Things you should do and think about every day to change your day — and by extension, your life as well.
Why does one day matter? Why does what you do today matter in the scheme of your whole life?
Because our life is made up of days…
Days like today.
The poet Heraclitus said that “one day is equal to every day.” By that he meant that every day is the same length, comprised of the same amount of hours, the same sunup and sundown.
Yet, he also meant it in the sense that philosophers have always meant that same idea — that if you can get one day right, you have a shot at getting your life right (and that you should try to get today right, because tomorrow is no guarantee).
In this vein, here are 13 things you should do and think about every day to change your day — and by extension, your life as well.
Some are easier than others, but each one matters.
• Prepare For The Hours Ahead —
Each morning you should prepare, plan and meditate on how you aim to act that day. Don’t wing it. Don’t be reactionary.
• Have a plan. Marcus Aurelius rose in the morning and did his journaling — preparing himself for what he was likely to face in the hours ahead. He thought about the people he was likely to face, difficulties he might encounter, and what he knew about how to respond.
The morning is the perfect time to journal and to use the pages in that journal to set yourself up for a successful day.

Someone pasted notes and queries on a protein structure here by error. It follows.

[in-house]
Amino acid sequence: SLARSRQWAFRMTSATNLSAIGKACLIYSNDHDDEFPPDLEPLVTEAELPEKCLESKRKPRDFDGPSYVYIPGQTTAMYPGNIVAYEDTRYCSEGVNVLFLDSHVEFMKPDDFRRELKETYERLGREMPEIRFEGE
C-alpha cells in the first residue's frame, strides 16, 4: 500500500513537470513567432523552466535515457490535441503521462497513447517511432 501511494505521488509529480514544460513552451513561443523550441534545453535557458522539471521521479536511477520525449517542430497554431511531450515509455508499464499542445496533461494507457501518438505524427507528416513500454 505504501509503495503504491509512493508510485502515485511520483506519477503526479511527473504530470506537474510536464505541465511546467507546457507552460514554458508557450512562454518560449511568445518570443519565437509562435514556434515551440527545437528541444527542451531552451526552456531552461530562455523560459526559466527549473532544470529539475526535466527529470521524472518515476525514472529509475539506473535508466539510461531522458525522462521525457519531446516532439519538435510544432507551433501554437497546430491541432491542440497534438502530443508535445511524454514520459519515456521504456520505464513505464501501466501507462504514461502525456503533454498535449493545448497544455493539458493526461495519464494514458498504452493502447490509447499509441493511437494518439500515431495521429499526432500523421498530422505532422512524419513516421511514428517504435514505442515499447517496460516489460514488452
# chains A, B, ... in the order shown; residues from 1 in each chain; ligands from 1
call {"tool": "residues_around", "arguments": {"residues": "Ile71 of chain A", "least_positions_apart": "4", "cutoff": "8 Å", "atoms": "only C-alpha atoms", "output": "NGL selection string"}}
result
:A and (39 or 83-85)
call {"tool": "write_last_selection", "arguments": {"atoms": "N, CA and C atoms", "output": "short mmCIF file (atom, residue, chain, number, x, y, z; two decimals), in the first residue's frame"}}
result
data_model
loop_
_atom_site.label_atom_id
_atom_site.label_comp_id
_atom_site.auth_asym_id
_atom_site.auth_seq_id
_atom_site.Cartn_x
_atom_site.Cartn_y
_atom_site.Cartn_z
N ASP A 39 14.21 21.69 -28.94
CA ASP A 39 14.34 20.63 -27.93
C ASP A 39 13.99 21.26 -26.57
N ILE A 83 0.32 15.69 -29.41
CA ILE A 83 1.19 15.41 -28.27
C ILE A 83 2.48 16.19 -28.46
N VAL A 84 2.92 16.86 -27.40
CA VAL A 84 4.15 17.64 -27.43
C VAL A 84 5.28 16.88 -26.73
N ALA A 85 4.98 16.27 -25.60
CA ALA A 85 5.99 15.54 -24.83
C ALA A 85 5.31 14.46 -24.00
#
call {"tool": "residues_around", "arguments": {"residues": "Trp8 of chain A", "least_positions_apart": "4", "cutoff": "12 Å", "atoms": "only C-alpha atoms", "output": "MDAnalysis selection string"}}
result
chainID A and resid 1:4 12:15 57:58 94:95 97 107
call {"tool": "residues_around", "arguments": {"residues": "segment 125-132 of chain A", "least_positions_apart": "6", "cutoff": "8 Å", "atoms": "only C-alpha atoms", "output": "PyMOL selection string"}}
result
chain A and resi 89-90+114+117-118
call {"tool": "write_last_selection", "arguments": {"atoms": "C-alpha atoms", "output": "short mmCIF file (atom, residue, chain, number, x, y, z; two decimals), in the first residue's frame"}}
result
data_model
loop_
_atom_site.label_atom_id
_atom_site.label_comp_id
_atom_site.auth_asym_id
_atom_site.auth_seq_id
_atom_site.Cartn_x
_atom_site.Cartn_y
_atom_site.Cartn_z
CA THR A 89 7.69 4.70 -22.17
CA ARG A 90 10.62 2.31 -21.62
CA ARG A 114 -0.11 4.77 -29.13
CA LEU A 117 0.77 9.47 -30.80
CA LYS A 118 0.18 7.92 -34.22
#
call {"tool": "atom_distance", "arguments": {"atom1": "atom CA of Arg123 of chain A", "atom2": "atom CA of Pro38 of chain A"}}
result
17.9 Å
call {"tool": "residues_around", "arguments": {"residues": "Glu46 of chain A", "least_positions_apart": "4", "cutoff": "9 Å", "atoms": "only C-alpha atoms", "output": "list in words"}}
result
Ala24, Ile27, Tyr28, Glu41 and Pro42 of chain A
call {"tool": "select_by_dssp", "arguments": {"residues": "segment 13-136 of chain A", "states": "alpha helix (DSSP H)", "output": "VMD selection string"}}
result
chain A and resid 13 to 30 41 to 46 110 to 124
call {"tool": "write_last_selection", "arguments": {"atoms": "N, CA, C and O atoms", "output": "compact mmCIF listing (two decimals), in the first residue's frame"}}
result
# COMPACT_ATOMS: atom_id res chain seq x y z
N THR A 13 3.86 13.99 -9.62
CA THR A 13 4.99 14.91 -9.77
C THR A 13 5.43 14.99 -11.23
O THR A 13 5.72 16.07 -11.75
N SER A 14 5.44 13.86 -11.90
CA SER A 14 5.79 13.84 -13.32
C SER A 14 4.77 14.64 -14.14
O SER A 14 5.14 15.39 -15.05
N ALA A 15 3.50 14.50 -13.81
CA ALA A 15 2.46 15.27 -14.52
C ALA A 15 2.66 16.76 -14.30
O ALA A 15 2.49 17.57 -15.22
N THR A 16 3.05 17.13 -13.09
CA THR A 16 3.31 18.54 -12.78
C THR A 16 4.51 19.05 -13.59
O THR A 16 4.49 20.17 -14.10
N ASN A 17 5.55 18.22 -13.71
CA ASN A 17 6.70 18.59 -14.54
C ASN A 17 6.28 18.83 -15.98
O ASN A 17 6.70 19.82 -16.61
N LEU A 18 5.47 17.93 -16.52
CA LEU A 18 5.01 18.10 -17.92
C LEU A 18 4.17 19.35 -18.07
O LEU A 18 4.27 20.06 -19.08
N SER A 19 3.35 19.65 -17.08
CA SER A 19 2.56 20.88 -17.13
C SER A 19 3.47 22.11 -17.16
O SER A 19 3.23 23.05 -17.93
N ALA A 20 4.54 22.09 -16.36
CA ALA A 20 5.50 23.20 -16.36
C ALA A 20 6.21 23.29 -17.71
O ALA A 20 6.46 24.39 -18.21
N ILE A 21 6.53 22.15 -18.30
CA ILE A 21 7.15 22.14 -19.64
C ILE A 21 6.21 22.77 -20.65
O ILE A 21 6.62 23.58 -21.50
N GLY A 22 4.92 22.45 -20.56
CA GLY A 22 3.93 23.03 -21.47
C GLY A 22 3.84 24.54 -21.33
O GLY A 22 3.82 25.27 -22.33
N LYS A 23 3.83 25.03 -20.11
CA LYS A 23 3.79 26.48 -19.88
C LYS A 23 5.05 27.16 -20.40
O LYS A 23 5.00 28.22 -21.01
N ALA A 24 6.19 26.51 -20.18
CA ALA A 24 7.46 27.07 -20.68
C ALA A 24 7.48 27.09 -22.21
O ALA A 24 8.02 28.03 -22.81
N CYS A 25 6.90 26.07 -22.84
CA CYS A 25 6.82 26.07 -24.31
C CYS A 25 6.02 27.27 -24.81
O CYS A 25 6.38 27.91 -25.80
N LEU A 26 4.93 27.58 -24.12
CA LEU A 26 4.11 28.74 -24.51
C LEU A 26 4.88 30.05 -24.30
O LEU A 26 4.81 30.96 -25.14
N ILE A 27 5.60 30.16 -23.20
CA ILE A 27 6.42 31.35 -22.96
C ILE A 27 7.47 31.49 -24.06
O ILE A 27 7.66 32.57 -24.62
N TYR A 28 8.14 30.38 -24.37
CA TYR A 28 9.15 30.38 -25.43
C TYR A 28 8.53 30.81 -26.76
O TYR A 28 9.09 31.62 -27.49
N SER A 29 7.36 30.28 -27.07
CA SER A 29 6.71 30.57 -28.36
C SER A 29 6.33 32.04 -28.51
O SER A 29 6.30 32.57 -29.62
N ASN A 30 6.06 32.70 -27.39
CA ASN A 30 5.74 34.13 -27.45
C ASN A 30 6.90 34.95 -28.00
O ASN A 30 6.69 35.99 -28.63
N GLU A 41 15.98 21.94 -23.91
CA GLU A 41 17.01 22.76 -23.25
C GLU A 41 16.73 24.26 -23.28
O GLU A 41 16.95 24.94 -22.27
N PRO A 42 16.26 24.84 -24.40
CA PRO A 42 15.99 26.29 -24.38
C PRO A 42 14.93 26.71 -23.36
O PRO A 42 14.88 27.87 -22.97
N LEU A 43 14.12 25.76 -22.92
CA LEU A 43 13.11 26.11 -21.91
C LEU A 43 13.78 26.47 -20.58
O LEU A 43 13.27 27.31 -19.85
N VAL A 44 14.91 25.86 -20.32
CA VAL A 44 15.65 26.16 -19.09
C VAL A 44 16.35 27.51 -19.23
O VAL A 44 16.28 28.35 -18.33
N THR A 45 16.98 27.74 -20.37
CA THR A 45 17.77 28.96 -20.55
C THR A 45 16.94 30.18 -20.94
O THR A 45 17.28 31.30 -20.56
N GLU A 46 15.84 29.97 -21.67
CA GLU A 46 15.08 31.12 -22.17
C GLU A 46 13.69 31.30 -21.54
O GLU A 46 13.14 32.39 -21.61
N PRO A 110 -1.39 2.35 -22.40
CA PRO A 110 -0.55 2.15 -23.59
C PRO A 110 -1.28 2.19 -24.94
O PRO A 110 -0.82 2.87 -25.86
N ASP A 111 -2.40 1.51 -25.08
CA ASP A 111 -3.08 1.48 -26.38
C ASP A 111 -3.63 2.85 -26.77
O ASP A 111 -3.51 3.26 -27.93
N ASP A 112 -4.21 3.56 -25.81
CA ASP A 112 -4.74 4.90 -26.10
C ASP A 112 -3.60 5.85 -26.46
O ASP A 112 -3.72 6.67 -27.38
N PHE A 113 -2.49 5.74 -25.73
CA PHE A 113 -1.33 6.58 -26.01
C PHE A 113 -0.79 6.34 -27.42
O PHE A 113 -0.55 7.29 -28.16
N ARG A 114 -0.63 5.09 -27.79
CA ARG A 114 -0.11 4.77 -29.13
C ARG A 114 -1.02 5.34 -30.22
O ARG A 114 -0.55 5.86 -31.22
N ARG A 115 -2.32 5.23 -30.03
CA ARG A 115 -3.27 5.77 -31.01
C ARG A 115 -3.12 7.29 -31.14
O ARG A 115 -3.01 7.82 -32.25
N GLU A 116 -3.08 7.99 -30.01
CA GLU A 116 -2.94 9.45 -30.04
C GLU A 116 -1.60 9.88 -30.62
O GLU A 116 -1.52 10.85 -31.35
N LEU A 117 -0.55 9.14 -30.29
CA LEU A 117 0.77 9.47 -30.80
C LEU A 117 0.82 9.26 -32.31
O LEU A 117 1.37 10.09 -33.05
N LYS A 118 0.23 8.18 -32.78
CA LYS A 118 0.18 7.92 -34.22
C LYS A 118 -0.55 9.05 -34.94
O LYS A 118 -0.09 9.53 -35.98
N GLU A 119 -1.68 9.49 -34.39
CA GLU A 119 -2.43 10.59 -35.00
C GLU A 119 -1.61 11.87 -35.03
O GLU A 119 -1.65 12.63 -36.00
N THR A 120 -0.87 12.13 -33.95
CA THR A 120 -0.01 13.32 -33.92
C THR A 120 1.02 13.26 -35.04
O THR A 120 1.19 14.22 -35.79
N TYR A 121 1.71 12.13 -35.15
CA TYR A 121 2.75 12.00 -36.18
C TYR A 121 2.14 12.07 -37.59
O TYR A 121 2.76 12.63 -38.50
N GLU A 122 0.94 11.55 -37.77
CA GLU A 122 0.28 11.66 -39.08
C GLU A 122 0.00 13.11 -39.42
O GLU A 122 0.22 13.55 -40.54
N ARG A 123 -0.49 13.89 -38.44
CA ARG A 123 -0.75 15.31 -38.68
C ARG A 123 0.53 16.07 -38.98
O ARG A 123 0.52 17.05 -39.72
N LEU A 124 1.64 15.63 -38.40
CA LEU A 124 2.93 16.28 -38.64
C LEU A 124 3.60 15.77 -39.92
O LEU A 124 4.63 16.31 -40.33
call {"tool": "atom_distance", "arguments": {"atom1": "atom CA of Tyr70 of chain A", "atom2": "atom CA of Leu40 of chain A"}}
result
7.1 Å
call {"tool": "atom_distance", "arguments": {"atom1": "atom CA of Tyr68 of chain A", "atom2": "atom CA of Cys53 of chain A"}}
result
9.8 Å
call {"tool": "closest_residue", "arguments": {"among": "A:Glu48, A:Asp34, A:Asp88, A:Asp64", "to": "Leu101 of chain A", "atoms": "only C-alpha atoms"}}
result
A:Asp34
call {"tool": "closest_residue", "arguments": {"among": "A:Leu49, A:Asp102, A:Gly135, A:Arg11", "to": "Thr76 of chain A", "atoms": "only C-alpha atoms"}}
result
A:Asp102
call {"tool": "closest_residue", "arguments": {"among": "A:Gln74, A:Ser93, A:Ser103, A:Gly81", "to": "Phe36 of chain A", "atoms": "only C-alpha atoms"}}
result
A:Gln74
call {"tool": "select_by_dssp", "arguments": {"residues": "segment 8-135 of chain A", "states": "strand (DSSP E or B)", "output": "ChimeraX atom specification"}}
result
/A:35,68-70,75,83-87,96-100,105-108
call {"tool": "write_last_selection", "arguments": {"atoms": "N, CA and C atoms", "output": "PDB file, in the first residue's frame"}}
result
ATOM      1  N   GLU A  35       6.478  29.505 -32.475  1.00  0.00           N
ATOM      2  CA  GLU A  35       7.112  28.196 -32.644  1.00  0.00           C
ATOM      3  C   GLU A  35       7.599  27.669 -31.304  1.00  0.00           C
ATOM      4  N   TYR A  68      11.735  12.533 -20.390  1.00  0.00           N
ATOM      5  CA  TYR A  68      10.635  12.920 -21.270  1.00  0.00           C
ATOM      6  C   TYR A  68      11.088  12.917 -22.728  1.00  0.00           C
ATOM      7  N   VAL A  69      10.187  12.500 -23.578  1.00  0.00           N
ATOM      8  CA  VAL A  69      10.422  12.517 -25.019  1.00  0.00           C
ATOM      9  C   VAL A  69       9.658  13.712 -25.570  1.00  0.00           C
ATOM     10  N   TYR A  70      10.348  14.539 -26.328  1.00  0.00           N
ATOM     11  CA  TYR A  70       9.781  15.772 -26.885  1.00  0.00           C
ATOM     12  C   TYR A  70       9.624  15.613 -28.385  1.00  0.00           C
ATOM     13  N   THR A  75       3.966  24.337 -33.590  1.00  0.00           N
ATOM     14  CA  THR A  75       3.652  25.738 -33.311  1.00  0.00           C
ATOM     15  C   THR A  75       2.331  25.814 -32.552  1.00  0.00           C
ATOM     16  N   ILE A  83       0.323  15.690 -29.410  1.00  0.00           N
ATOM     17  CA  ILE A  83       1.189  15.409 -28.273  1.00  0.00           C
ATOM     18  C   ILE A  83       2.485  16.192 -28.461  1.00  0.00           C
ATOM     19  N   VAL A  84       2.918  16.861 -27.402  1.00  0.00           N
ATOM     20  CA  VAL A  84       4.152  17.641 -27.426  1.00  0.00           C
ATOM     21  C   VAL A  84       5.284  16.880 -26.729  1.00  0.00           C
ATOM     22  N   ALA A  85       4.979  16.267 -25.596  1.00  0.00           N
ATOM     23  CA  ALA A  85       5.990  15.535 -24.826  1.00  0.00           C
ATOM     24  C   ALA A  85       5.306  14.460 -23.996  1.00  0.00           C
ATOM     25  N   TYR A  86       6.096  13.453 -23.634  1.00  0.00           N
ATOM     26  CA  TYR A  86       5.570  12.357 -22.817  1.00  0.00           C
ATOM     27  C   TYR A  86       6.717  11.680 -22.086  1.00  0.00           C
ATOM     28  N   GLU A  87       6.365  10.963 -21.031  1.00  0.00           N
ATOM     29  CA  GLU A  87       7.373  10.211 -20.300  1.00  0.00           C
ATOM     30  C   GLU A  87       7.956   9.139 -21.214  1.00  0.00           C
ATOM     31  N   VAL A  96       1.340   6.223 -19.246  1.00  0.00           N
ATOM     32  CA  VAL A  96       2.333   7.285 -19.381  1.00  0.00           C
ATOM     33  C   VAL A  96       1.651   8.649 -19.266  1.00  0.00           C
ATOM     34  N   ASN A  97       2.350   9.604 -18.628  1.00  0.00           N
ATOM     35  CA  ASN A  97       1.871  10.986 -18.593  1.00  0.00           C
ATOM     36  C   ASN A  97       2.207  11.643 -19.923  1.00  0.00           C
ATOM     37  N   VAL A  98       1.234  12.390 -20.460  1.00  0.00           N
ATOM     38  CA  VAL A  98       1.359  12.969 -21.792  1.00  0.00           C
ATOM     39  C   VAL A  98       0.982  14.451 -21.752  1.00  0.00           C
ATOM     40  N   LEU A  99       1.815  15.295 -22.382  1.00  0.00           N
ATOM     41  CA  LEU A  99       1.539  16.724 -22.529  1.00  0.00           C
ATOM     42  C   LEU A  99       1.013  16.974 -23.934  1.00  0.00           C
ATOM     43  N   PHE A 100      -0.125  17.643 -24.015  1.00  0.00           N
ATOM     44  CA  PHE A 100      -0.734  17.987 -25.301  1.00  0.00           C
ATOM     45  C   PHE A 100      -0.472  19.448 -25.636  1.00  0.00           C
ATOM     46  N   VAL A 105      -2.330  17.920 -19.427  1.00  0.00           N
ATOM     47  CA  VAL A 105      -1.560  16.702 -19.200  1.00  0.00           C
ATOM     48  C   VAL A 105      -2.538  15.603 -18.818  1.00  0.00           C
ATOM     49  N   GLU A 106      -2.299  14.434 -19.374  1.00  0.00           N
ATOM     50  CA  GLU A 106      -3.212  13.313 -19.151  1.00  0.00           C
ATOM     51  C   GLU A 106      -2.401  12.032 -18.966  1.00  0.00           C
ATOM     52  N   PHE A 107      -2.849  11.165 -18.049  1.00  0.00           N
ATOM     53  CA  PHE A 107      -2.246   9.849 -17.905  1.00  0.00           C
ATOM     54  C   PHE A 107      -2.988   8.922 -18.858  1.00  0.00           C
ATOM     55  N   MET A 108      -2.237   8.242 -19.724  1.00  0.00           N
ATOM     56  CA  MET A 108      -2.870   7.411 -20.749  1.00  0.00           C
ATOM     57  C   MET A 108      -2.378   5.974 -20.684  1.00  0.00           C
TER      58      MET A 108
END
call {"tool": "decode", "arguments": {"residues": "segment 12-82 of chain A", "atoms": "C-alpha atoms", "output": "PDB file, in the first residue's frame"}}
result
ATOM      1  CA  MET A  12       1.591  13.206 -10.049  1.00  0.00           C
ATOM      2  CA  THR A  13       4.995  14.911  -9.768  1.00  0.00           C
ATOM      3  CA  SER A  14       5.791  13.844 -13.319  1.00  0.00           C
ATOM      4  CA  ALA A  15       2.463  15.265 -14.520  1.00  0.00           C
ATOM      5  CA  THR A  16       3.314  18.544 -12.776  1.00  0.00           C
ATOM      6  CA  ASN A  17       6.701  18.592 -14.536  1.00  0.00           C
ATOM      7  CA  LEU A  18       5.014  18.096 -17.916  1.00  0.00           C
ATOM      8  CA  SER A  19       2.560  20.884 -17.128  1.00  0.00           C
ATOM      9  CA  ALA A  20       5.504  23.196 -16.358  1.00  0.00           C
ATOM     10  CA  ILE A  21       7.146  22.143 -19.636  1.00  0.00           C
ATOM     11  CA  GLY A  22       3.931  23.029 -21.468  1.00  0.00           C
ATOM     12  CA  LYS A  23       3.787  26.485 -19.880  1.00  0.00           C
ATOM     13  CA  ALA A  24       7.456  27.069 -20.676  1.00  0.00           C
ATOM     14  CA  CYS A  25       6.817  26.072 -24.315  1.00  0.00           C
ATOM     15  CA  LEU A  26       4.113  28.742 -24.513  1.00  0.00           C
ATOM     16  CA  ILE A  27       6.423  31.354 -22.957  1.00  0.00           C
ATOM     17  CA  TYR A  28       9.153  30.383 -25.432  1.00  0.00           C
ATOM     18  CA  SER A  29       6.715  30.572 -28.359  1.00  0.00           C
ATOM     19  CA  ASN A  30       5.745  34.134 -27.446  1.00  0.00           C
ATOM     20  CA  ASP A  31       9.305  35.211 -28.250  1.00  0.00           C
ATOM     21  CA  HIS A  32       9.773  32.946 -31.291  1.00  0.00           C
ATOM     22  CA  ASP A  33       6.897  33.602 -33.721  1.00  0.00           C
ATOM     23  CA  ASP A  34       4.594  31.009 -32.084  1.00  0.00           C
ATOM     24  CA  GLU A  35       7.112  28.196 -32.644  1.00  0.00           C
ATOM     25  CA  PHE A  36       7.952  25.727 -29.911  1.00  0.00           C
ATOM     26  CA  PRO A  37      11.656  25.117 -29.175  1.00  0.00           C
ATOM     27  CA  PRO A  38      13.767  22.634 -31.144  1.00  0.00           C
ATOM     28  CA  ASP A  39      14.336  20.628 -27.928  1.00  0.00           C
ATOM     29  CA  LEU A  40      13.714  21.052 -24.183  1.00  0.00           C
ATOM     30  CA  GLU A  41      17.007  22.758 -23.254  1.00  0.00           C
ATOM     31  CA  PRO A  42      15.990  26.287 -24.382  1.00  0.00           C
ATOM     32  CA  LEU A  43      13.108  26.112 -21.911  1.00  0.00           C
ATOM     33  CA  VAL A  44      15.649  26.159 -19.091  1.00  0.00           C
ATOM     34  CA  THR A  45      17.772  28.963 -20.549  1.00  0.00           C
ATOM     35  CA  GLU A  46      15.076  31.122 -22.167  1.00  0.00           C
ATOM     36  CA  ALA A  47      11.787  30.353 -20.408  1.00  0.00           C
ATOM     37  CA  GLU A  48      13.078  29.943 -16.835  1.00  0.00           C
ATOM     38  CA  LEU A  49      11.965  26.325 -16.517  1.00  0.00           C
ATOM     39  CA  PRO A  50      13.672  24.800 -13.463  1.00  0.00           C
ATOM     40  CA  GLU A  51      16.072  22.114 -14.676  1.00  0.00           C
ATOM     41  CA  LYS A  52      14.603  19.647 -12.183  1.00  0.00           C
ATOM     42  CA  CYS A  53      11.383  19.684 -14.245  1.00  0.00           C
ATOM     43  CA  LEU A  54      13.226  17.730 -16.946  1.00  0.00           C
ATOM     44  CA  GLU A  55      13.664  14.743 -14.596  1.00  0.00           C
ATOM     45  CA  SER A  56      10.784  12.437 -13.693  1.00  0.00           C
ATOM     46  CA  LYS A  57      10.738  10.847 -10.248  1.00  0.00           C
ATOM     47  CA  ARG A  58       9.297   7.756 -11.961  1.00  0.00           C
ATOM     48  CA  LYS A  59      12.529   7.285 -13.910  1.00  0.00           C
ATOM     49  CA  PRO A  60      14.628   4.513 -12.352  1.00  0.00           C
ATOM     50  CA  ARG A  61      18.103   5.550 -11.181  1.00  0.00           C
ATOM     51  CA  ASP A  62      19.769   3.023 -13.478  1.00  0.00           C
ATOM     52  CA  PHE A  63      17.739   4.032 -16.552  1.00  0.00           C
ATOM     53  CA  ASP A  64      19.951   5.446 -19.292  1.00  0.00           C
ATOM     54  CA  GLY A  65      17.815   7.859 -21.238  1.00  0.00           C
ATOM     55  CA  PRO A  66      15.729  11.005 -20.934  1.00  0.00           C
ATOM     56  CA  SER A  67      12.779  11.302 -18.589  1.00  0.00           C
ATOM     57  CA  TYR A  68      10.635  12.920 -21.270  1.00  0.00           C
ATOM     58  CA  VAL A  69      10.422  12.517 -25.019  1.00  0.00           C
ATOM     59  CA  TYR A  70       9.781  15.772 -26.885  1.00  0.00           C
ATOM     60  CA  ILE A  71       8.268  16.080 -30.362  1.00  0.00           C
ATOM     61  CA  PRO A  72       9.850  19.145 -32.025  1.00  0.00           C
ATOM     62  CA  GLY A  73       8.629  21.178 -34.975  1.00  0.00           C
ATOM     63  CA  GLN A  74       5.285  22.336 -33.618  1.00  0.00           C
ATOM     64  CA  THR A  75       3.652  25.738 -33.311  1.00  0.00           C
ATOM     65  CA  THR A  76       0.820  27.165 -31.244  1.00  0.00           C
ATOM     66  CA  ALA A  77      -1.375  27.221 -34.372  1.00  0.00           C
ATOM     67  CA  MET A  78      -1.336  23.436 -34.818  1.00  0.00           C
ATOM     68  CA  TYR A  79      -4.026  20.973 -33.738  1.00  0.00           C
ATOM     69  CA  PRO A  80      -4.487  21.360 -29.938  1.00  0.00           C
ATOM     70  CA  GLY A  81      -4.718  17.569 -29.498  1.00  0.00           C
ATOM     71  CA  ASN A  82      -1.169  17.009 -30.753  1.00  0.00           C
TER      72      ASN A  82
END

Remember: If you do the tough planning in the morning, nothing can happen during the day contrary to your expectation or too tough for you to handle.
• Go For a Walk — For centuries, thinkers have walked many miles a day because they had to, because they were bored, because they wanted to escape the putrid cities they lived in, because they wanted to get their blood flowing. In the process they discovered an important side-effect: it cleared their minds and helped them make better work. As Nietzsche would later say: “It is only ideas gained from walking that have any worth.”
You should go for a walk every single day not only for exercise but for the philosophical and psychological benefits.
• Experience nature. Experience the quiet of the world around you. Take a break. If you’re too busy, multitask: Take a walking meeting. Do your phone call on the move around the parking lot. Get out of doors and move.
• Do The Deep Work — So much of our day is spent at the surface. Skimming this and that. Vaguely paying attention to this conversation or that one. This is not what we were put here for. You must make time — preferably an hour or more a day — for
the “deep work.”
The type of intense concentration and cognitive focus where real progress is made — on whatever it is that we happen to do, be it writing or thinking or designing or creating.